I get to do the good stuff. I get to forget about administration, balancing the books, how the roof leaks and there’s no coffee. I get to minister all the time, usually to people who don’t even realize they are receiving. My role lies in taking the prayers and strength of this community to people in our cities who are in need; who are unwell; who are no longer able to leave their homes. Paying it forward is what I try very hard to do. Each one of you comes with me when I visit. Especially when taking out communion from reserved sacrament. Matthew writes: “For where two or three gather in my name, there am I with them.” All of you are always present in the giving of the bread and wine. All of you are remembered to those we don’t see every week. The people I visit will sometimes close their eyes to listen and recite prayers while imagining and remembering when they were here among us.

You won’t hear me refer to what I do as a job or work, because it is neither. This is what I love to do.

When my son in law comes over, he will glance at my calendar and takes great joy in teasing me: when do you have time to be retired? Sometimes I don’t. As the needs of the ‘outside’ community grows, time to be able to give to each outreach is cherished. I feel privileged that you accept my words and allow me to speak with you as I am this morning. However, these words take time to put together. Writing does not come easily for me. It has become necessary to make some decisions concerning balancing my time to allow for family, church and interests. I have asked to be relieved of participating in the preaching roster. This allows me the time needed to prepare and see through the community side of my ministry. It also gives me time to be retired. Having said that, don’t be surprised if every once in a while, when some thought just won’t leave my head, you find me up here on a Sunday morning. I’m very sure Canon Rob or Fr. Gerry will not mind having a week out of the pulpit.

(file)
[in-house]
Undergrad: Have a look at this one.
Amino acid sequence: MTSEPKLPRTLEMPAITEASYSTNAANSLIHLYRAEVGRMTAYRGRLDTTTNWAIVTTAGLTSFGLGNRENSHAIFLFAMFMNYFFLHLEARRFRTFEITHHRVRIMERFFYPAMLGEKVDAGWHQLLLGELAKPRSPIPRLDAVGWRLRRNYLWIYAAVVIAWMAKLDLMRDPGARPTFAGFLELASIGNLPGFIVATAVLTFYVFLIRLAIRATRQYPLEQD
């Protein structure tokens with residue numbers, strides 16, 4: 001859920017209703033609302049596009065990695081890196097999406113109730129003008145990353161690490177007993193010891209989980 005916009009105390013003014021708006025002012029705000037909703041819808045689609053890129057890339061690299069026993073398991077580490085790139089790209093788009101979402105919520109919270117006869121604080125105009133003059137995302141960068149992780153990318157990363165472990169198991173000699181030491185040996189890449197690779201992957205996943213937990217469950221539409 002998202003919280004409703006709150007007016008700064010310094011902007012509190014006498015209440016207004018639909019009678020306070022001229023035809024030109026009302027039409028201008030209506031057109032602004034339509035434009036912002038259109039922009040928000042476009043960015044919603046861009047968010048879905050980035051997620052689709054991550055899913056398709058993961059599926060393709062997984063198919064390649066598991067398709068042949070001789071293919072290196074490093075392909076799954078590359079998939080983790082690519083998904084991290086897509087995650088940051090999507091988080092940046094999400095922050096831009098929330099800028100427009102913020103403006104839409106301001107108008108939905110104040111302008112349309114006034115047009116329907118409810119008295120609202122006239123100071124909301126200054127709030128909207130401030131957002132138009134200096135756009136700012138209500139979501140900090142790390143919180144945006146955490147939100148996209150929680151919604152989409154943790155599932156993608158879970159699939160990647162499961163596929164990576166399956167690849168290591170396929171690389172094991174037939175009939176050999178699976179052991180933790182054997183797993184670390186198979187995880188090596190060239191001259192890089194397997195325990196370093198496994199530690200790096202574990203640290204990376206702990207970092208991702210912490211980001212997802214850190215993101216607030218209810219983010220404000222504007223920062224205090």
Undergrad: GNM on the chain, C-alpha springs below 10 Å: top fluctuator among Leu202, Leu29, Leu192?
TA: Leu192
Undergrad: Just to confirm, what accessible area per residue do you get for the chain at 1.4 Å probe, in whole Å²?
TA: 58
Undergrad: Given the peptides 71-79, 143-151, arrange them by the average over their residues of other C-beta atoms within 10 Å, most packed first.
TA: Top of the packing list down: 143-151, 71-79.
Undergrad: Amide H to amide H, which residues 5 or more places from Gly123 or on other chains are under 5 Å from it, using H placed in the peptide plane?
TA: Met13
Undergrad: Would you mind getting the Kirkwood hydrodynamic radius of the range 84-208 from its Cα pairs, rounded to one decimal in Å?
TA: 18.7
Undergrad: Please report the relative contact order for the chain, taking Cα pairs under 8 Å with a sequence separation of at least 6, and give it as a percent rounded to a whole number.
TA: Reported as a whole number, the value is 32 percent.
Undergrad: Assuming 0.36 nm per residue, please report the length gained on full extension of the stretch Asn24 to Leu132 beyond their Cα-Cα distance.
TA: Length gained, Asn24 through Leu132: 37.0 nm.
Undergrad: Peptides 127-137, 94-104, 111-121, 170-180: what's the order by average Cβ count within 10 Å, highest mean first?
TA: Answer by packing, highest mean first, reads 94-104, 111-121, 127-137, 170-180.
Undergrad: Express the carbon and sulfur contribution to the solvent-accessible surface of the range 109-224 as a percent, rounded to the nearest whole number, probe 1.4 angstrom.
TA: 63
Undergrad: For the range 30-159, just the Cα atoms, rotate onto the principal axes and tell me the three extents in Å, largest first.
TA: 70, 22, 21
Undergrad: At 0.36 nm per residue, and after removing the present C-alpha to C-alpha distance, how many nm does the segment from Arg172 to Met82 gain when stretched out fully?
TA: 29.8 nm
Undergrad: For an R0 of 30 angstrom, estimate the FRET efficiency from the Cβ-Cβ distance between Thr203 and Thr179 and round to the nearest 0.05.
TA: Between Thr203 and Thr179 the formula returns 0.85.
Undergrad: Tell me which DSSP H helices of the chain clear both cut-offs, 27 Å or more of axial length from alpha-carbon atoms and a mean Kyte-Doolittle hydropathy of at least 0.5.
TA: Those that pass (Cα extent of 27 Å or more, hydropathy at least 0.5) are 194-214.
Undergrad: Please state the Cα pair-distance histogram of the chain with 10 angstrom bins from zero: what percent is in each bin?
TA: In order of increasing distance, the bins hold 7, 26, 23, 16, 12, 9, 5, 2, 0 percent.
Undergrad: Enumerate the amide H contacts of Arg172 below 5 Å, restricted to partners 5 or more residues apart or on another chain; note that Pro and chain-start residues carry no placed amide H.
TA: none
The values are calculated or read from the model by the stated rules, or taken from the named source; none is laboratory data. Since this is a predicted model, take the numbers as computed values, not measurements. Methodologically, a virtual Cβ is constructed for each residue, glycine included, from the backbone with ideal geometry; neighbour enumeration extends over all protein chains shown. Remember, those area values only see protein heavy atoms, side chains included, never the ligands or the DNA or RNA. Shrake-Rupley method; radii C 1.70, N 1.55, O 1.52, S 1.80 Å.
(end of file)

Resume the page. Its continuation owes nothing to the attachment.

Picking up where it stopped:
Even though I won’t be in this spot very often, I will be taking on the formal role of the Deacon during worship time beginning in November. I’ll be up here each week doing whatever needs to be done to help make things run smoothly. I’m always available for conversation or keeping up to date on what is going on with you. I may be sitting in a different place but that’s the only thing changing. I enjoy nothing more than being in the midst of this community, helping out and worshipping.

Thanksgiving is but two weeks away. At our family dinner table, I usually go to each person and ask what they are thankful for. This year, I think I’ll put them on the spot by asking – how can you share that with the world around you? The most honest, sincere answers are always from the youngest ones. Children see things as they are. They recognize the good in people that we sometimes miss. If you’re not sure how to go about paying it forward – listen to the children.

Copyright © 2014 by Kay Baxter